Calvinists often argue that defending man as possessing libertarian free will (giving man a true choice between walking with God or not walking with Him and therefore the outcomes being conditional) not only places man’s salvation in his own hands, but it also creates uncertainties that would mean that God would not know everything since (as the argument goes) one cannot know an uncertainty for certain. On the other hand, the Calvinist idea is that all actions are predetermined by God either through decrees, compatibilism, or both and this makes everything certain and therefore knowable. This understanding makes the theological reality of libertarian free will an impossibility in Calvinism. Fortunately, the impossibility is merely a Calvinistic impossibility rather than an actual one.
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To be a consistent Calvinist, a person must believe that the Bible teaches God limits His redemptive love toward His creation and that limited love is more reflective of God being the sum of perfect love than God extending His salvational love to all of His creation.
Of course, the perennial problem with the Calvinist’s perspective is the explicit claims of Scripture to the contrary. The encounter between Jesus and Nicodemus provides an example of God’s universal salvational love and sets the context for probably the most well-known and beloved verse in the Scripture, which explicitly declares God’s universal redemptive love for all of His creation (John 3:16).
I intend to set the context by briefly summarizing vss. 1-13. Then I will note some observations drawn from vss. 14-15. The illustration of vss. 14-15 serves a twofold purpose; first, it provides illumination for properly understanding some of the dialogue between Jesus and Nicodemus in vss. 1-13; second, it serves as Jesus’s chosen introductory and illuminative illustration for vss. 16-21. Continue reading →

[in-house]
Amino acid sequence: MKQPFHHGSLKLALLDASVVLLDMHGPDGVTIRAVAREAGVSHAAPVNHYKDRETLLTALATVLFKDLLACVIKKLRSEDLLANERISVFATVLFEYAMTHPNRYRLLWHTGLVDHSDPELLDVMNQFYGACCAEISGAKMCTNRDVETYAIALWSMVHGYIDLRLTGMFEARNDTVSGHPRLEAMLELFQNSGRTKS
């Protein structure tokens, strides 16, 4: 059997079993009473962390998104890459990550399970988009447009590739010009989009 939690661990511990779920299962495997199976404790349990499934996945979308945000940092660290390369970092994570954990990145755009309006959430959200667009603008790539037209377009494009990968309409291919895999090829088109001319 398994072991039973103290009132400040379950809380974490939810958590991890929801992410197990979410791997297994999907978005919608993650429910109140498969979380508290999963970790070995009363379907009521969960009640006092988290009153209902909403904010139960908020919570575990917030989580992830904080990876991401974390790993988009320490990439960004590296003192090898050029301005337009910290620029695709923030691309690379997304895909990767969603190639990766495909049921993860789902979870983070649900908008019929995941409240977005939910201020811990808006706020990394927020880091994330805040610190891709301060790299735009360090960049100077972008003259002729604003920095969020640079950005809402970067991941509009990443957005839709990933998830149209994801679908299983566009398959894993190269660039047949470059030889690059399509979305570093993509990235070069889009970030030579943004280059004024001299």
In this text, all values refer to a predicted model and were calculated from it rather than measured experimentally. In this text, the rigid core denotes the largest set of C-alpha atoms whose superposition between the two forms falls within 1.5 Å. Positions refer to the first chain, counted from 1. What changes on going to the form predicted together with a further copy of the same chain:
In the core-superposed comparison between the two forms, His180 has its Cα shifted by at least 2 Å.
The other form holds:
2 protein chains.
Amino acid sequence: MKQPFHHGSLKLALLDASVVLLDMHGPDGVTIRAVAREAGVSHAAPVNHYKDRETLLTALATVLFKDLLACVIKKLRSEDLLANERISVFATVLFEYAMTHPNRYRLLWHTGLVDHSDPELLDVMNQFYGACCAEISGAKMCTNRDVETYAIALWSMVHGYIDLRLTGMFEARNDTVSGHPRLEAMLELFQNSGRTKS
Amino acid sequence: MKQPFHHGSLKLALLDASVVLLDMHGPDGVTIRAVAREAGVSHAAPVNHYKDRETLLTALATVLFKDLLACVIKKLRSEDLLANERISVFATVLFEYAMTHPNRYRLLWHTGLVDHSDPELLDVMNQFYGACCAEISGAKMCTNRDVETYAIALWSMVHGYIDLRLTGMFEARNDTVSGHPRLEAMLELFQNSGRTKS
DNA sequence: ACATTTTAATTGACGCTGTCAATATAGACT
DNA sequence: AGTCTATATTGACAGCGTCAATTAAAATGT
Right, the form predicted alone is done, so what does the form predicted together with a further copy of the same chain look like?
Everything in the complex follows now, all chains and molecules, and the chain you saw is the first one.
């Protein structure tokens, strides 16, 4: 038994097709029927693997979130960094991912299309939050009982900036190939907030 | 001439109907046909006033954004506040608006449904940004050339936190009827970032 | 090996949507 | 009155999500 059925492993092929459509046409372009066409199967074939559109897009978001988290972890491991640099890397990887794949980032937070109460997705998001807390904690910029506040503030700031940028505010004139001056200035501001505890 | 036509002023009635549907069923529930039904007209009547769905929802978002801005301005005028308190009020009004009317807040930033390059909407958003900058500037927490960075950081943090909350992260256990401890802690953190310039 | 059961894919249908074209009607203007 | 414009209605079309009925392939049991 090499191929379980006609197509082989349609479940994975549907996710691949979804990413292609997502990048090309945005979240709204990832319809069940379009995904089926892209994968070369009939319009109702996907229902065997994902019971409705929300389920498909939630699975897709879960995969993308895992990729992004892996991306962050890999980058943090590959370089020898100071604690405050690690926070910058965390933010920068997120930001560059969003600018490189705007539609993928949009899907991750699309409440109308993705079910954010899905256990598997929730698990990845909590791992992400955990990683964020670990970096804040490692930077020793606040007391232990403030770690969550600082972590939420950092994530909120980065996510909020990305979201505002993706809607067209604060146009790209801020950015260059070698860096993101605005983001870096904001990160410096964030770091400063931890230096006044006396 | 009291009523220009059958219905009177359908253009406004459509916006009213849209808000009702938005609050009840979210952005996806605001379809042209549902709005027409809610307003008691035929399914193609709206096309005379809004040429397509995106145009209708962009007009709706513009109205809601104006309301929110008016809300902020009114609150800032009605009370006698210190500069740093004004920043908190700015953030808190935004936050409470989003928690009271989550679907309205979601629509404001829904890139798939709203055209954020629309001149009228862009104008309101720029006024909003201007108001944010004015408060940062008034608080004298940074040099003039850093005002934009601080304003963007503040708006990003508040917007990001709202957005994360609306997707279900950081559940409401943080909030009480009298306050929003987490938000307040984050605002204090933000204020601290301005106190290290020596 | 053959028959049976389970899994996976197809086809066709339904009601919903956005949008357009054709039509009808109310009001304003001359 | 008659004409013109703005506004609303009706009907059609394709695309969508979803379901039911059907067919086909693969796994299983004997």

Calvinists’ commitment to unconditional election along with believing in obeying the Great Commission to evangelize and make disciples (Matthew 28:18-20) necessitates certain auxiliary concepts in order to harmonize these two; the good faith offer is such a concept. The simple explanation is that while the Calvinist is to preach the gospel to all so that God can call out His unconditionally elect, every Calvinist is well aware that much of his gospel proclamation will fall upon the non-elect, who have no more chance of receiving the good news than a beaver does of being happy in a petrified forest. Continue reading →
“Even the righteousness of God through faith in Jesus Christ for all those who believe; for there is no distinction” (Romans 3:22).
Romans chapter three is crystal clear in declaring the universal sinfulness of man. Although the Jews have advantages compared to the Greeks, such as having the oracles of God (vs. 1-2), they do not have preferential treatment with regard to salvation. Vs. 9 makes this very clear, “Jews and Greeks are all under sin.” “All” clearly means that every Jew and every Greek (every person) is under sin. Consequently, both the groups and “all” the individuals that make up the groups are included rather than some in each group comprising the “all.” There are no exceptions. Continue reading →
Calvinism teaches a compatible freedom. This means that a person is free to follow a predetermined choosing without making a choice between two accessible options. That is to say, no real choice exists in compatibilism because man can only choose an act or belief that is the result of predetermined antecedents. This means that Adam and Eve chose to sin, or man chooses to accept the gospel because God has predetermined that he will do so, and those that reject ultimately do so for the same reason. This is the simple unadorned truth of Calvinism. Continue reading →